• Hampshire
  • Herefordshire
  • Hertfordshire
  • Huntingdonshire
  • Kent
  • Lancashire
  • Leicestershire
  • Lincolnshire
  • Middlesex
  • Norfolk
  • Northamptonshire
  • Northumberland
  • Nottinghamshire
  • Oxfordshire
  • Rutland
  • Shropshire
  • Somerset
  • Staffordshire
  • Suffolk
  • Surrey
  • Sussex
  • Warwickshire
  • Westmorland
  • Wiltshire
  • Worcestershire
  • Yorkshire

The county corporate are the following, with date of their Letters patent:

  • Borough and Town of Berwick upon Tweed (1551)
  • County of the Town of Bristol (1373, City since 1542)
  • County of the City of Canterbury (1471)
  • County of the Town of Chester (1238/1239, City since 1541, Municipal Borough since 1824)
  • County of the City of Coventry (1451)
  • County of the City of Exeter (1537)
  • County of the Town of Gloucester (1483, City since 1541)
  • Kingston upon Hull, County of Hullshire (1440)
  • County of the City of Lichfield (1556)
  • County of the City of Lincoln (1409)
  • City of London (1132)
  • County of the Town of Newcastle upon Tyne (1400)
  • County of the City of Norwich (1404, Municipal Borough since 1824))
  • County of the Town of Nottingham (1448)
  • County of the Town of Poole (1571)
  • County of the Town of Southampton (1447)
  • County of the City of Worcester (1622)
  • County of the City of York (1396, Municipal Borough since 1824)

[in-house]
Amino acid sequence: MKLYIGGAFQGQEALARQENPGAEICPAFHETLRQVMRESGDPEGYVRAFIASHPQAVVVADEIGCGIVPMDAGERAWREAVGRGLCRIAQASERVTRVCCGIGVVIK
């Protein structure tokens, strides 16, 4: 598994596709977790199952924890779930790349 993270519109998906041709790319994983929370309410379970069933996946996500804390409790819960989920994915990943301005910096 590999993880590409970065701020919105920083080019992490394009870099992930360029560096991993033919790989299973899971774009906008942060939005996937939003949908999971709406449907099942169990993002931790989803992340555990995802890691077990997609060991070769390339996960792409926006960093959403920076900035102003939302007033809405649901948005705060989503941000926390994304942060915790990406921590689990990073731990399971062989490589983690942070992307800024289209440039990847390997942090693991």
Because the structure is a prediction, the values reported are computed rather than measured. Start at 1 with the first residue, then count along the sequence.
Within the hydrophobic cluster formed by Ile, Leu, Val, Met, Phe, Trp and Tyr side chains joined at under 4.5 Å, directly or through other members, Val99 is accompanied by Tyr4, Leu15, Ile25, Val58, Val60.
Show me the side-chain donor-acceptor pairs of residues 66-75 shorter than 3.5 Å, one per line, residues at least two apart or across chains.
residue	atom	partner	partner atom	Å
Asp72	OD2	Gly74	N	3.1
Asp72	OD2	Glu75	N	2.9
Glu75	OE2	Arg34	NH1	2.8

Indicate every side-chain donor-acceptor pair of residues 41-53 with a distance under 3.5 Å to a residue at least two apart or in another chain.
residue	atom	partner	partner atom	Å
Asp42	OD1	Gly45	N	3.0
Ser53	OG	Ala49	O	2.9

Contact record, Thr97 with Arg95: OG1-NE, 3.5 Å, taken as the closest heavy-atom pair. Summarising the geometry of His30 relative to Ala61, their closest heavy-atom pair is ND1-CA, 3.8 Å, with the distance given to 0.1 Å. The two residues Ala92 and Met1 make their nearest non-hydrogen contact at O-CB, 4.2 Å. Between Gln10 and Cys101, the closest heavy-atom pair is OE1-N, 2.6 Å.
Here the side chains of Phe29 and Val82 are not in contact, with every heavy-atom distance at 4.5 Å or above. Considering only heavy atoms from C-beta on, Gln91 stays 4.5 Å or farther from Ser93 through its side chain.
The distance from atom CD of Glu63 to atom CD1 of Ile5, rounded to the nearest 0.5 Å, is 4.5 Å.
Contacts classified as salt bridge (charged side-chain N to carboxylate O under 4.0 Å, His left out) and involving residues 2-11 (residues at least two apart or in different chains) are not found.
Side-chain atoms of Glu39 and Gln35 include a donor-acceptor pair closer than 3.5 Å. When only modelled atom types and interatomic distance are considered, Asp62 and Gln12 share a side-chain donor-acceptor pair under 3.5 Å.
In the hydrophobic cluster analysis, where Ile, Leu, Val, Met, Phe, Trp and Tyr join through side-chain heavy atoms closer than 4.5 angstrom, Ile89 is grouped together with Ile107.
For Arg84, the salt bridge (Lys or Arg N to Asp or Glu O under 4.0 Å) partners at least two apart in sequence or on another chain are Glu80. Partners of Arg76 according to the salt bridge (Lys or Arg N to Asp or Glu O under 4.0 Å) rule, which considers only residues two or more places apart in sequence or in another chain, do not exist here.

During the medieval period many towns were granted self-governance by the Crown, at which point they became referred to as boroughs. The formal status of borough came to be conferred by Royal Charter. These boroughs were generally governed by a self-selecting corporation (i.e., when a member died or resigned his replacement would be by co-option). Sometimes boroughs were governed by bailiffs or headboroughs. The he Municipal Corporations Act 1831 established direct elections for all city corporations

The Local Government Electoral Reform Act 1824 and the Municipal Corporations Act 1831 provided for a form of town government for large combined urban areas that in practice were large cities, designated as a municipal borough. The Act introduced a uniform system of town government in municipal boroughs, with an elected town council, consisting of a mayor, aldermen and councillors to oversee many local affairs. The Metropolitan London Act 1841 and the Amalgamated Government of London Act established the present city governance of London.

The municipal Boroughs and Corporations are the following:

  • London (no including the City of London)
  • Manchester
  • Leeds
  • Liverpool
  • Birmingham
  • Sheffield
  • Bristol
  • Norwich
  • Durham
  • York

In 1834, the English counties were assembled in eleven regions for the purpose of electing the delegated-electors of the Electoral Assembly that elects the Lord Protector. Later orders in Orders in Council and Parliamentary Acts gave them powers to administer school boards, social welfare, health, and public works.